• Linear Derivatives: Linear Derivatives have linear payoff. E.g. Futures and forwards.
• Non Linear Derivatives: Non Linear Derivatives have non linear payoffs. E.g. Options.
• Exchange traded: These are standardized instruments and are backed by clearing house. So there is no default risk. E.g. Futures.
• Over the counters: Over the counters are customized contracts and they bare default risk. E.g. Swaps and Forwards.
The history of derivatives is quite colorful and surprisingly a lot longer than most people think. Derivatives were first instruments developed to secure the supply of commodities and facilitate trade as well as to insure farmers against crop failures. The history of derivatives provides evidence that the first derivatives markets were over the counter (OTC).
Early history of derivative markets in the US:
In 1848: Creation of the Chicago Board of Trade (CBOT) and Creation of the (To-Arrive) contract for grains are formed. In 1865: forward contracts become Standardize. In 1874: Chicago Produce Exchange was created. In 1919: CPE becomes the Chicago Mercantile Exchange. In 1925: First futures clearinghouse was created. In 1922: Futures Act for Grains. In 1936: Options on futures are banned. In 1955: Corn Products Refining Company decision made by the Supreme Court.
Modern brief history of derivatives in the US:
In 1972: International Monetary Market (IMM) for trading currency futures was created. In 1975: first interest rate futures contract create by CBOT. In 1975: Treasury bill futures contract (& options) by CBOT. In 1977: T-Bo...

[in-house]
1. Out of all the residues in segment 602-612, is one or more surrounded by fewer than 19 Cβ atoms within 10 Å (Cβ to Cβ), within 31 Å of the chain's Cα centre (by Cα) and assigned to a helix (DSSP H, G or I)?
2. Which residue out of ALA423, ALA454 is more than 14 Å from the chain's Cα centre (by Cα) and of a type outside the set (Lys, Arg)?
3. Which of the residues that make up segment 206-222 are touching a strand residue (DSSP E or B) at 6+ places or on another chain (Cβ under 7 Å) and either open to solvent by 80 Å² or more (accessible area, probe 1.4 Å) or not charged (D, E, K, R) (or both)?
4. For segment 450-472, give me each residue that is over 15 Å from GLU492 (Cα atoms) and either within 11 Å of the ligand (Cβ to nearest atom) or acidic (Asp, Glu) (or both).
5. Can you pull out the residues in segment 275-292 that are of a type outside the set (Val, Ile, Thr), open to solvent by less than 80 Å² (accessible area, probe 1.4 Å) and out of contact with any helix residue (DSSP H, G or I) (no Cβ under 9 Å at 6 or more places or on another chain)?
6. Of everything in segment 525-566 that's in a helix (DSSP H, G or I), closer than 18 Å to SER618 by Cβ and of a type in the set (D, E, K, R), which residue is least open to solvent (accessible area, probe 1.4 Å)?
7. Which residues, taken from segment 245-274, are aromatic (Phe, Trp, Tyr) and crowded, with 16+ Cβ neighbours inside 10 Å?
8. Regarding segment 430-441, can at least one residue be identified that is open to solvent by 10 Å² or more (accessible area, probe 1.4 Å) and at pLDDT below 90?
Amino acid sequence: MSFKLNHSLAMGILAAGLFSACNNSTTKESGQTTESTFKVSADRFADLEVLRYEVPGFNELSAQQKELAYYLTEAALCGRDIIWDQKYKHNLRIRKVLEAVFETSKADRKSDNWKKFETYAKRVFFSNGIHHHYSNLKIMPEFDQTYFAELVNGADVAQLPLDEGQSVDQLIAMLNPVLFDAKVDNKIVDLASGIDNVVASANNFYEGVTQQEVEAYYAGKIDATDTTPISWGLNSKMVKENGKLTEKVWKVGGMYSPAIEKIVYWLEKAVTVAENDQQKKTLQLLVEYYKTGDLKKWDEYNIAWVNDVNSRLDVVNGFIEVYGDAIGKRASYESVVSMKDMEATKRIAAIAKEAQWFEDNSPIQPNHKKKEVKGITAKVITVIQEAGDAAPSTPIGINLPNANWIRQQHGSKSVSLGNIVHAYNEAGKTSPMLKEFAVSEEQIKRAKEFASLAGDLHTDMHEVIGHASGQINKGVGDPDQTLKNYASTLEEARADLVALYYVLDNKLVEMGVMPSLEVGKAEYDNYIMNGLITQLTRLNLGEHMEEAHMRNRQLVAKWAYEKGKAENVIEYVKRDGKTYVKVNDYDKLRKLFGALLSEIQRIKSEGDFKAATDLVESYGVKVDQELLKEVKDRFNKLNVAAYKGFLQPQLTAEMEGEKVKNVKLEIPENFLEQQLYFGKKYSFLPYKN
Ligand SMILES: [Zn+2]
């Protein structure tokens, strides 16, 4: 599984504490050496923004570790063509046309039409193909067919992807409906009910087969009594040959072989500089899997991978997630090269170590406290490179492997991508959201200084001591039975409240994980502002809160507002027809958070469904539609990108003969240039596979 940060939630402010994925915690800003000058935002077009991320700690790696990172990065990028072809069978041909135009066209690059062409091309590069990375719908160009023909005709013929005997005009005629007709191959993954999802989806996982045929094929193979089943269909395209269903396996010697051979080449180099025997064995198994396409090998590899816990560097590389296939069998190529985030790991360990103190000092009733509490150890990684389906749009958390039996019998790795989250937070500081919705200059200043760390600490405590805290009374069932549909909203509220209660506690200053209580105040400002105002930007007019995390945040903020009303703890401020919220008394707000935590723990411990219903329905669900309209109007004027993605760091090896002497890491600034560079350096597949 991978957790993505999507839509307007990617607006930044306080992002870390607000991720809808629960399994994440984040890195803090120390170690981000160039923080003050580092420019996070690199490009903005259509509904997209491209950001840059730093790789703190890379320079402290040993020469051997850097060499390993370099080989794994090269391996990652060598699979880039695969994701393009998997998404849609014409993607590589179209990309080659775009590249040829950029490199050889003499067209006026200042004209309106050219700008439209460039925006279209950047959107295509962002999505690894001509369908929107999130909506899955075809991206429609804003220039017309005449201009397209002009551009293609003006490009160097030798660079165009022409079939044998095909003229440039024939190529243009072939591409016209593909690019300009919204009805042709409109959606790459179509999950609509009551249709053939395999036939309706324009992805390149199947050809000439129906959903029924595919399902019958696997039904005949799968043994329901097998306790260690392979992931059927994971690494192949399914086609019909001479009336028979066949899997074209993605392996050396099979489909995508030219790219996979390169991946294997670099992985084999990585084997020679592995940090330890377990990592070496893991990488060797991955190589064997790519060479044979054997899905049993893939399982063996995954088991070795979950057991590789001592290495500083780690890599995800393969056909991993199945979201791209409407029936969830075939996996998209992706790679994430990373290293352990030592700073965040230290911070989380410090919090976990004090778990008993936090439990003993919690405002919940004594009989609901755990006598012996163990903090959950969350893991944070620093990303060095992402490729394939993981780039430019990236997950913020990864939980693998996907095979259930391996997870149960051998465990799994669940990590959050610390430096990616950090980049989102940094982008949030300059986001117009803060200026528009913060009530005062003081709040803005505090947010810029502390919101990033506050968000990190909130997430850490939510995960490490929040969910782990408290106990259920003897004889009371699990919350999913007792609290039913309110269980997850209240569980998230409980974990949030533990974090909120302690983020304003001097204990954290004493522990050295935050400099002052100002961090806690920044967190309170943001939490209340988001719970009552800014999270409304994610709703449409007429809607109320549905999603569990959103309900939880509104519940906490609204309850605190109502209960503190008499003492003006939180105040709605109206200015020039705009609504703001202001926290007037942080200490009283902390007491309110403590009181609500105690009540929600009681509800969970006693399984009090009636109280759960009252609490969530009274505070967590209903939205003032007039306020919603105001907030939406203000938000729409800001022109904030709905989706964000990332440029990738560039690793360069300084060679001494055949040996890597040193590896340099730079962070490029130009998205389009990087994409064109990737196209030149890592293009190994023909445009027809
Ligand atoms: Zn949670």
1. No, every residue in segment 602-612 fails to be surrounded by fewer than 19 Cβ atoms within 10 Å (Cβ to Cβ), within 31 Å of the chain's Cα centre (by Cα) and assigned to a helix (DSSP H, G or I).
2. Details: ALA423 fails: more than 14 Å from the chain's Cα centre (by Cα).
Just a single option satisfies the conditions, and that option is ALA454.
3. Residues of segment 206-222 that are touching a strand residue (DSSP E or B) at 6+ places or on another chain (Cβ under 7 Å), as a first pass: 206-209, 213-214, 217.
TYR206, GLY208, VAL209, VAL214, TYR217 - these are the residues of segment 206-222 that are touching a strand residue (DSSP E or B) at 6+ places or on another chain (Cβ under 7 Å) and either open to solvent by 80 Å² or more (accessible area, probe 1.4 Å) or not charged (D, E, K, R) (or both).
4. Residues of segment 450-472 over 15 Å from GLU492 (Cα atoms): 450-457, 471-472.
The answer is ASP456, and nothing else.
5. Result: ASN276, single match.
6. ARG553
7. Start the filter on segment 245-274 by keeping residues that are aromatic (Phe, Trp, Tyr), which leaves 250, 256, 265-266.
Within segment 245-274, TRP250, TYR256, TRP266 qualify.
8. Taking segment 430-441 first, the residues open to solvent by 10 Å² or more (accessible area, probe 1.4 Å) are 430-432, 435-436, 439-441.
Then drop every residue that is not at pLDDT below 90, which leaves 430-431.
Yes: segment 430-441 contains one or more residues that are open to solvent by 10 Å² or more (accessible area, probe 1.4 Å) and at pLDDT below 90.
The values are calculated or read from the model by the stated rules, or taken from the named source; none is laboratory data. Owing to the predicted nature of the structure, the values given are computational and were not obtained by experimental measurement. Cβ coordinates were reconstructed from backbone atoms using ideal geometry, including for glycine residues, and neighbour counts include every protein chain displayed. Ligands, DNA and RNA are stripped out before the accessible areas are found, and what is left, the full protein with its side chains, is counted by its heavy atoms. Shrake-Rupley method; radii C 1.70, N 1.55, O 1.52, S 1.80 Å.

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...certain cash crunch. if credit rating falls then an institution might lose liquidity and experiences sudden unexpected cash outflows or may some other event that causes counter-parties to avoid trading.
Market Risk: Fluctuation in the prices of that underlying asset cause market risk. This Market risk comprises of four risk factors which include Interest rate risk, Commodity risk, Equity risk and Currency risk. In general risk varies from sector to sector.
Banks use derivatives to hedge against risks that may affect their earnings and other operations which include market risk, counter-party risk interest rate risk and foreign exchange risk.
Farmers use derivatives to lock the price of their crops in order to save their harvest so that they are exposed to price risk.
The importance of derivatives is increasing day by days because of high volatility in the market.
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